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Each week, we run a sampling of the letters received to our editorial inbox here in AVmail. One letter that's particularly relevant, informative, or otherwise compelling will headline this section as our "Letter of the Week," and we'll send the author an official AVweb baseball cap as a "thank you" for interacting with us (and the rest of our readership). Send us your comments and questions using this form. Please include your mailing address in your e-mail (just in case your letter is our "Letter of the Week"); by the same token, please let us know if your message is not intended for publication.
Letter of the Week
I am glad both men are alive after their ditching when they lost both engines. However,I have to ask the following questions about their decision-making/preparation for this flight:
no PLB attached to their persons?
no survival vest on their persons?
no sat phone on their persons?
I can't believe these two did not have these survival tools. The PLB alone would have made this a short inconveinence and not the life-theatening situation it became.
Prepare like your life depends on it, because it does.
Big Three Bailout
I was angered while reading your December 11 AVweb article "Automaker Bailout Package Targets Flight Departments; NBAA Reacts." I went to the NBAA web site to give Ed Bolen a piece of my mind, but as I read what he actually sent I realized that it was your words not his that were inflammatory. Your editorializing "that the aviation sector shouldn't be made to suffer for the errors of a few auto executives" is wrong on so many levels.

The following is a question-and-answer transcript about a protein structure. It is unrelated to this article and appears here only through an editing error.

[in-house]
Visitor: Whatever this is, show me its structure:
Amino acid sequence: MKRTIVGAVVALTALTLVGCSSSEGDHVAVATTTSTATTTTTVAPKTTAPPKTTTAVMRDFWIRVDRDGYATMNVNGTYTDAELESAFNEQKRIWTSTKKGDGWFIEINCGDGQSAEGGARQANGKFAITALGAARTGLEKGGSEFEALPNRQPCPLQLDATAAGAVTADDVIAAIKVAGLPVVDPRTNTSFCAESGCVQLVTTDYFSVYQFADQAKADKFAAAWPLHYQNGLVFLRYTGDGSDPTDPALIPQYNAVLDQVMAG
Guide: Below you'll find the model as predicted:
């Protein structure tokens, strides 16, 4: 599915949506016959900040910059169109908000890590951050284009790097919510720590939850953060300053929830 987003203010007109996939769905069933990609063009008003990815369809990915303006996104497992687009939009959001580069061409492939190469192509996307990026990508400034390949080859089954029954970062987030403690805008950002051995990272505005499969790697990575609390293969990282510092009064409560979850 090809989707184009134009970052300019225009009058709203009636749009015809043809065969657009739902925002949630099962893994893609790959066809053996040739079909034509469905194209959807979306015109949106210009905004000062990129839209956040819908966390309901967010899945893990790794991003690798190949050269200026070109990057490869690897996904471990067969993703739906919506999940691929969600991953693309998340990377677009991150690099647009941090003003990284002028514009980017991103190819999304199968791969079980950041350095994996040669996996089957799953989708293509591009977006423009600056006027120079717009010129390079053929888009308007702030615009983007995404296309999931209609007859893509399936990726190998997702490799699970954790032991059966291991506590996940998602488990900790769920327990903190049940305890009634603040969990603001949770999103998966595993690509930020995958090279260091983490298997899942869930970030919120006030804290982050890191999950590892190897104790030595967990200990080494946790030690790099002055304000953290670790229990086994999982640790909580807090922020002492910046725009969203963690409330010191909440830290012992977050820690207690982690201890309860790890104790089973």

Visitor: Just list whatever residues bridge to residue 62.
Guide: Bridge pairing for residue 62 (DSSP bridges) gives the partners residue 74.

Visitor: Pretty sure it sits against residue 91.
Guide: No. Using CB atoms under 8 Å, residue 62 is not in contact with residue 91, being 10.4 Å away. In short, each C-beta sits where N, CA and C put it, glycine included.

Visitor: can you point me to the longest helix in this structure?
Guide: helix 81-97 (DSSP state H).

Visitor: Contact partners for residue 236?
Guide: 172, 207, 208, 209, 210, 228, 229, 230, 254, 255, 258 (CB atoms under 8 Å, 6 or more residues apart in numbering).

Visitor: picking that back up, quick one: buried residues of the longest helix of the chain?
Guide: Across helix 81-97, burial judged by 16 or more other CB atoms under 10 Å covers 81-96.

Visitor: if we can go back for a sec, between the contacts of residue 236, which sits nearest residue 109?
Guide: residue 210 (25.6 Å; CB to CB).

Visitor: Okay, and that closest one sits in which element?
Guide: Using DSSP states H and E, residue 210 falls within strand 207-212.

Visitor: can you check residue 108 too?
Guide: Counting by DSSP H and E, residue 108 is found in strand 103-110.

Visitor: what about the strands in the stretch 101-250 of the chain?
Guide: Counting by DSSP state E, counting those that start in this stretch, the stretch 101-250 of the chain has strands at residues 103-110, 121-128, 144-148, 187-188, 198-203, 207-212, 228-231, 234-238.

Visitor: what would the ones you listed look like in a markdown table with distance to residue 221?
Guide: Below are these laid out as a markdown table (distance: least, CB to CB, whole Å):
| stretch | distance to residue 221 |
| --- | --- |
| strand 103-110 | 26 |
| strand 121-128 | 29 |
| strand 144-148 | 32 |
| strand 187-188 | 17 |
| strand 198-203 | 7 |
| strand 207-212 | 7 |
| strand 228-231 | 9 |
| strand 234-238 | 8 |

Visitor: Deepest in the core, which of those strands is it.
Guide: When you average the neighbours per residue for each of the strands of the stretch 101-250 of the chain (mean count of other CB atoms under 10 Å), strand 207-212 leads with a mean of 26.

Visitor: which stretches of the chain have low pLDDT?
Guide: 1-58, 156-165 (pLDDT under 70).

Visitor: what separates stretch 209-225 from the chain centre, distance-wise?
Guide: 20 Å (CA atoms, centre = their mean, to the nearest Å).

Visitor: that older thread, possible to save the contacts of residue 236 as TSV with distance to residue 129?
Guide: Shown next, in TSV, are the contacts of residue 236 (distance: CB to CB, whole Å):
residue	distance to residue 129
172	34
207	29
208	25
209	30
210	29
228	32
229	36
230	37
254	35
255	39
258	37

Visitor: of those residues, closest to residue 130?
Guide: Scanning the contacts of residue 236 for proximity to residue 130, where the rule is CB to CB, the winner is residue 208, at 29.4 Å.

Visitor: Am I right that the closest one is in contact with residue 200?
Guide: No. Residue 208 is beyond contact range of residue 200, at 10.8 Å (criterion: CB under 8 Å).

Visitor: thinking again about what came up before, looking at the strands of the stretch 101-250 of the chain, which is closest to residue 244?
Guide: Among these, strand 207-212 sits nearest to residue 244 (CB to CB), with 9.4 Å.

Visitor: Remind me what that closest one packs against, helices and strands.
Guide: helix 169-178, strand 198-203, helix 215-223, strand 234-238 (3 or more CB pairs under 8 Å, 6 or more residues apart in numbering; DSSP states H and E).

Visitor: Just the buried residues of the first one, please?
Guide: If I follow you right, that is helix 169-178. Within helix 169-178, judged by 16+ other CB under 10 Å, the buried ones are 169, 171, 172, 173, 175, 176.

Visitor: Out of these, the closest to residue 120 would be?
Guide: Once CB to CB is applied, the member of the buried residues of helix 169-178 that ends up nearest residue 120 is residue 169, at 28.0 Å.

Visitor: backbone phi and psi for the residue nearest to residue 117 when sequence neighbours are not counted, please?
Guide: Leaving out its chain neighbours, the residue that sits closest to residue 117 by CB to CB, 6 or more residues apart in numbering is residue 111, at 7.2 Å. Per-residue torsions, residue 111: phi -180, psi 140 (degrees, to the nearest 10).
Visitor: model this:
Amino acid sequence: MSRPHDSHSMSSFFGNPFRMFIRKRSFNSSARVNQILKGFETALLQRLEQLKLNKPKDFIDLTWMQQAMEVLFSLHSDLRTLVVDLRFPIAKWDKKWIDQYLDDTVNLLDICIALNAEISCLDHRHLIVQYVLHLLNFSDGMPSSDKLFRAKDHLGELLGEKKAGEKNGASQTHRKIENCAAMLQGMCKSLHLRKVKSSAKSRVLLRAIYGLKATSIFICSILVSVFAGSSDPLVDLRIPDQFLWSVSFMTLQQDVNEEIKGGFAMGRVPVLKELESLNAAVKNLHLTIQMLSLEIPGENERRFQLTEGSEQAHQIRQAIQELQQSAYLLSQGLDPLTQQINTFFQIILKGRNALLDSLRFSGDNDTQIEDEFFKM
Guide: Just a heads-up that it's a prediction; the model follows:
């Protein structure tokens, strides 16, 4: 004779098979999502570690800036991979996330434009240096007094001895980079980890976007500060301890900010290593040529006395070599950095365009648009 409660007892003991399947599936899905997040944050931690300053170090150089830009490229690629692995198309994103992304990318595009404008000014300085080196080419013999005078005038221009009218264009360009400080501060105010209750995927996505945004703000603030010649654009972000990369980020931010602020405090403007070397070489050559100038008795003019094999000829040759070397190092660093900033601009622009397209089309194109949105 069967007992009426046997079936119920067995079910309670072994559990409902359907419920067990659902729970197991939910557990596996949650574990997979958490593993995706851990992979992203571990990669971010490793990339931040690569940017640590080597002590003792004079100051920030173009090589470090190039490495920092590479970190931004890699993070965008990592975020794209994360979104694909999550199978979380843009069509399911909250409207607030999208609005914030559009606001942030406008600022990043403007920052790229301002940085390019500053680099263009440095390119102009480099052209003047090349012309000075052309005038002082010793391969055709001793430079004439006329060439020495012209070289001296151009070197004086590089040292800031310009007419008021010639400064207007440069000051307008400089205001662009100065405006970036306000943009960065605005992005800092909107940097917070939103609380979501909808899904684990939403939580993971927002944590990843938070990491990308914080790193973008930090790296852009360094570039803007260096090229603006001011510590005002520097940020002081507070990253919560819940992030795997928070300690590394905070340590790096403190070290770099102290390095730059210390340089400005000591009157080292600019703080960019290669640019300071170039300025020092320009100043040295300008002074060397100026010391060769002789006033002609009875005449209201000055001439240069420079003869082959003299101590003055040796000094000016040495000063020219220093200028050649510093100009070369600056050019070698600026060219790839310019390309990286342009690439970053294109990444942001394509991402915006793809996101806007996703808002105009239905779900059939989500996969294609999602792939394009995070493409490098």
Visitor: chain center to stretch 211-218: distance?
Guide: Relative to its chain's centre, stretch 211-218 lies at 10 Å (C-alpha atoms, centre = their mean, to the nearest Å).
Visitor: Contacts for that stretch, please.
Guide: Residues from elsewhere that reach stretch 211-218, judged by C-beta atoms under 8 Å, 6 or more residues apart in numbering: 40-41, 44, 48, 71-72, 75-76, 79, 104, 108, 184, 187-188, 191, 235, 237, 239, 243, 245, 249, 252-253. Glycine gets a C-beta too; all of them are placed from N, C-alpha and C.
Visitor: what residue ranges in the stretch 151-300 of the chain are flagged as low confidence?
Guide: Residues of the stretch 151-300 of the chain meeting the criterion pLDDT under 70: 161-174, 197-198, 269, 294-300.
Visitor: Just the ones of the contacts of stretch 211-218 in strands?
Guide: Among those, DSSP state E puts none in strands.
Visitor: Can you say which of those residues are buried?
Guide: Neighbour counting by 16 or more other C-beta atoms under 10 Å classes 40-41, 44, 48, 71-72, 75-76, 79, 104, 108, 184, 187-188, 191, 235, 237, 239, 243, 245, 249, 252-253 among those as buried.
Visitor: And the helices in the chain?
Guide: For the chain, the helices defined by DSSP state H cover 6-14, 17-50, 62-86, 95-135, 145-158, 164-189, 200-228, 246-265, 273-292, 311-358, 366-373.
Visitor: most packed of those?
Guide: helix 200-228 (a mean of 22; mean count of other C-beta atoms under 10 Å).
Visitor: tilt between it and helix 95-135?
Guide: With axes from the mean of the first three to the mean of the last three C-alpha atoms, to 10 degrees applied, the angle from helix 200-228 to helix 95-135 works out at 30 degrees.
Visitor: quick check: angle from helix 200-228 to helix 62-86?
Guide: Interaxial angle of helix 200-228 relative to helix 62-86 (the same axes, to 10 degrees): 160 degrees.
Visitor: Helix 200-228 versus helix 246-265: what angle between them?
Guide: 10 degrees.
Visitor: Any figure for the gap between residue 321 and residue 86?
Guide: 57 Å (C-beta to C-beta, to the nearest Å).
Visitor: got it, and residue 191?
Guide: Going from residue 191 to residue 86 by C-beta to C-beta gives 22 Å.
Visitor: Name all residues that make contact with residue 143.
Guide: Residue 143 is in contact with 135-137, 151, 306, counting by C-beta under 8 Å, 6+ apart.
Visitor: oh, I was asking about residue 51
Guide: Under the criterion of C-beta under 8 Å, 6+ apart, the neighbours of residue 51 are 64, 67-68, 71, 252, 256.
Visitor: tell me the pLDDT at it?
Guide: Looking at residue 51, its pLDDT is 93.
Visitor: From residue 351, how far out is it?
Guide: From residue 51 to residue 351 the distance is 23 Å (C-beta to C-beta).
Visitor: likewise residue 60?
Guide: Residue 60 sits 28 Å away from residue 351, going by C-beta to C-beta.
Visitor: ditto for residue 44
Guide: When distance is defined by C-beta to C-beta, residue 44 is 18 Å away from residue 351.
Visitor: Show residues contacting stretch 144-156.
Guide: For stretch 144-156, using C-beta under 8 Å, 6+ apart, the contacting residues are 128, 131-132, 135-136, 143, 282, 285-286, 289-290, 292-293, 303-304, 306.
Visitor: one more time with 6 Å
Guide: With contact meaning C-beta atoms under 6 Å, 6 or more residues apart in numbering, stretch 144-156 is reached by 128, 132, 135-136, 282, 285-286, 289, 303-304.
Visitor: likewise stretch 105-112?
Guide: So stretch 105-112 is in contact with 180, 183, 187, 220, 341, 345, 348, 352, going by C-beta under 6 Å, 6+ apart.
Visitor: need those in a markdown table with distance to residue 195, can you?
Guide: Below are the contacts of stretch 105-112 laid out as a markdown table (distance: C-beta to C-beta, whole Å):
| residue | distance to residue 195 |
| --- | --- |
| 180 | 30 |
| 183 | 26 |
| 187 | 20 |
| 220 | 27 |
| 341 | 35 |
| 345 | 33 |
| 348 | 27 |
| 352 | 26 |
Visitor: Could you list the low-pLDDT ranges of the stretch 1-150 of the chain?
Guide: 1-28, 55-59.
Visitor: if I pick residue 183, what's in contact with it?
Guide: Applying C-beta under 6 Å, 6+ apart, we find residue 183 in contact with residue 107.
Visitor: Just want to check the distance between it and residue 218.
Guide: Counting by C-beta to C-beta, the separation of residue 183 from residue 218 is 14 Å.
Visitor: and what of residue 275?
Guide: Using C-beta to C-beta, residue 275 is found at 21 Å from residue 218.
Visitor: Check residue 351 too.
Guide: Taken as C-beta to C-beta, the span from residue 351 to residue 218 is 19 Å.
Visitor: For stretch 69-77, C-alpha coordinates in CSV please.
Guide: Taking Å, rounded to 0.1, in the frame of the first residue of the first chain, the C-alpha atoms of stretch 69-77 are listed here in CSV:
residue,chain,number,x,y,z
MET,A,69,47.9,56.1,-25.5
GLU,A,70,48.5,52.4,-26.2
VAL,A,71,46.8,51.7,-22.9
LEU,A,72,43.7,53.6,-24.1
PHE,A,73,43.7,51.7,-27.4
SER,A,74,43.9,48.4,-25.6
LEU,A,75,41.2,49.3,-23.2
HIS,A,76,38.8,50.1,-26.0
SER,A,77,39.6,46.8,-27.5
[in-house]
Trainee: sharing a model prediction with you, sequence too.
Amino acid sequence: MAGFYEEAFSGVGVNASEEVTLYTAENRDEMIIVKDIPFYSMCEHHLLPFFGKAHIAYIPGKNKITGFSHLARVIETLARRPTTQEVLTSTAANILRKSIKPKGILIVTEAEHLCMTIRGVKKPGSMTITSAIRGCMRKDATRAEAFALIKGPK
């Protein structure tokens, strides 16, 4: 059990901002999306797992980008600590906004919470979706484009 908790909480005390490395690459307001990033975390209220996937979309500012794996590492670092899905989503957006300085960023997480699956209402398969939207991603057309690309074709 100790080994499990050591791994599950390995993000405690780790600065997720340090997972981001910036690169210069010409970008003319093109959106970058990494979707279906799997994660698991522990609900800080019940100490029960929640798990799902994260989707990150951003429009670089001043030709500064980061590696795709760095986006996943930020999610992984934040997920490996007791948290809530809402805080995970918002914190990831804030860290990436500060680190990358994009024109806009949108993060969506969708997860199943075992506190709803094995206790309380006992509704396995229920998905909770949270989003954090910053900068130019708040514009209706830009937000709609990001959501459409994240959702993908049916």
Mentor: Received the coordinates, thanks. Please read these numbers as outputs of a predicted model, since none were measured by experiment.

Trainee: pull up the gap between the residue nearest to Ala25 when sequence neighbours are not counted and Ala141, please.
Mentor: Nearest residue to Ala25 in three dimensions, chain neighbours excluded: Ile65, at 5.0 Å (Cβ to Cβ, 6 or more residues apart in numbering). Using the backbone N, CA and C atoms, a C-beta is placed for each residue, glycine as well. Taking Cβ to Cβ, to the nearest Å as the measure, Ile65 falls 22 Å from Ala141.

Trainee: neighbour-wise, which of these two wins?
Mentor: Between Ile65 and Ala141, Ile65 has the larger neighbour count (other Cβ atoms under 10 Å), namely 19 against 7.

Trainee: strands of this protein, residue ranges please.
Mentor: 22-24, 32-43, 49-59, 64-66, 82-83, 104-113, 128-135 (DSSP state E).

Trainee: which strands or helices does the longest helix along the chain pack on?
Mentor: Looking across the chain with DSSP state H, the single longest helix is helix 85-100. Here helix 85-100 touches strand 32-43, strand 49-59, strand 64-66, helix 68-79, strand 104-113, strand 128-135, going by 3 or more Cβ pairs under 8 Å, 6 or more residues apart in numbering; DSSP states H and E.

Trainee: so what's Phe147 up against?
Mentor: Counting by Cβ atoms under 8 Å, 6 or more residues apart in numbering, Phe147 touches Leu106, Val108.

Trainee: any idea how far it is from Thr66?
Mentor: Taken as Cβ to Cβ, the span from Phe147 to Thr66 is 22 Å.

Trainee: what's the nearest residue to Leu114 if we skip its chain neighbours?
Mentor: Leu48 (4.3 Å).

That choice of words perpetuates the misperception that the auto industry crisis is self-made. The auto industry is in crisis because during an already weak market Wall Street excesses became exposed. With few questions asked, billions of dollars have already been thrown at the financial industry. If any of that money were flowing to credit-worthy consumers as intended, the auto industry would not be in such immediate trouble.
There are credit-worthy people who like our products and are secure enough in their careers to make vehicle purchases but can't get financing. Many aspects of the aviation industry have benefited substantially from the auto industry. Don't be so cavalier about pushing us in front of the bus.
Gary Read CFII, MEI, ATP
The phrase referring to the "errors" of the auto industry execs was meant to refer only to their decision to fly in corporate jets to Washington to ask for the bailout, which was widely perceived as what led to the provisions from Congress demanding that the flight departments be abolished. It wasn't meant to refer to their business practices overall.
Russ Niles Editor-in-Chief
Australia from the Air
Good to see some publicity for air safaris in Australia. We love to see North Americans enjoying our scenery and freedom to fly. You have missed one company, though Toronto, Canada-based Air Safaris International, that I have been involved with on a voluntary basis. They have been successfully running Australian safaris from Brisbane for a number of years.
Your story about the movie Australia mentions an aviation tourism company, but there is another company doing the same thing that should also be mentioned. When CASA established Draconian security measures that prompted long-time operator, Mal Shipton, to shut down GOANNA, another company kept operating and dealt with CASA to assist pilots flying in Australia. Clare McEwan operates a self-fly operation called Air Safaris International in Australia at AirSafarisInt.com. We flew with him in 2007 on a three-week tour. He worked hard to help us get the credentials that CASA required of all pilots. Your story should have mentioned his company as well.
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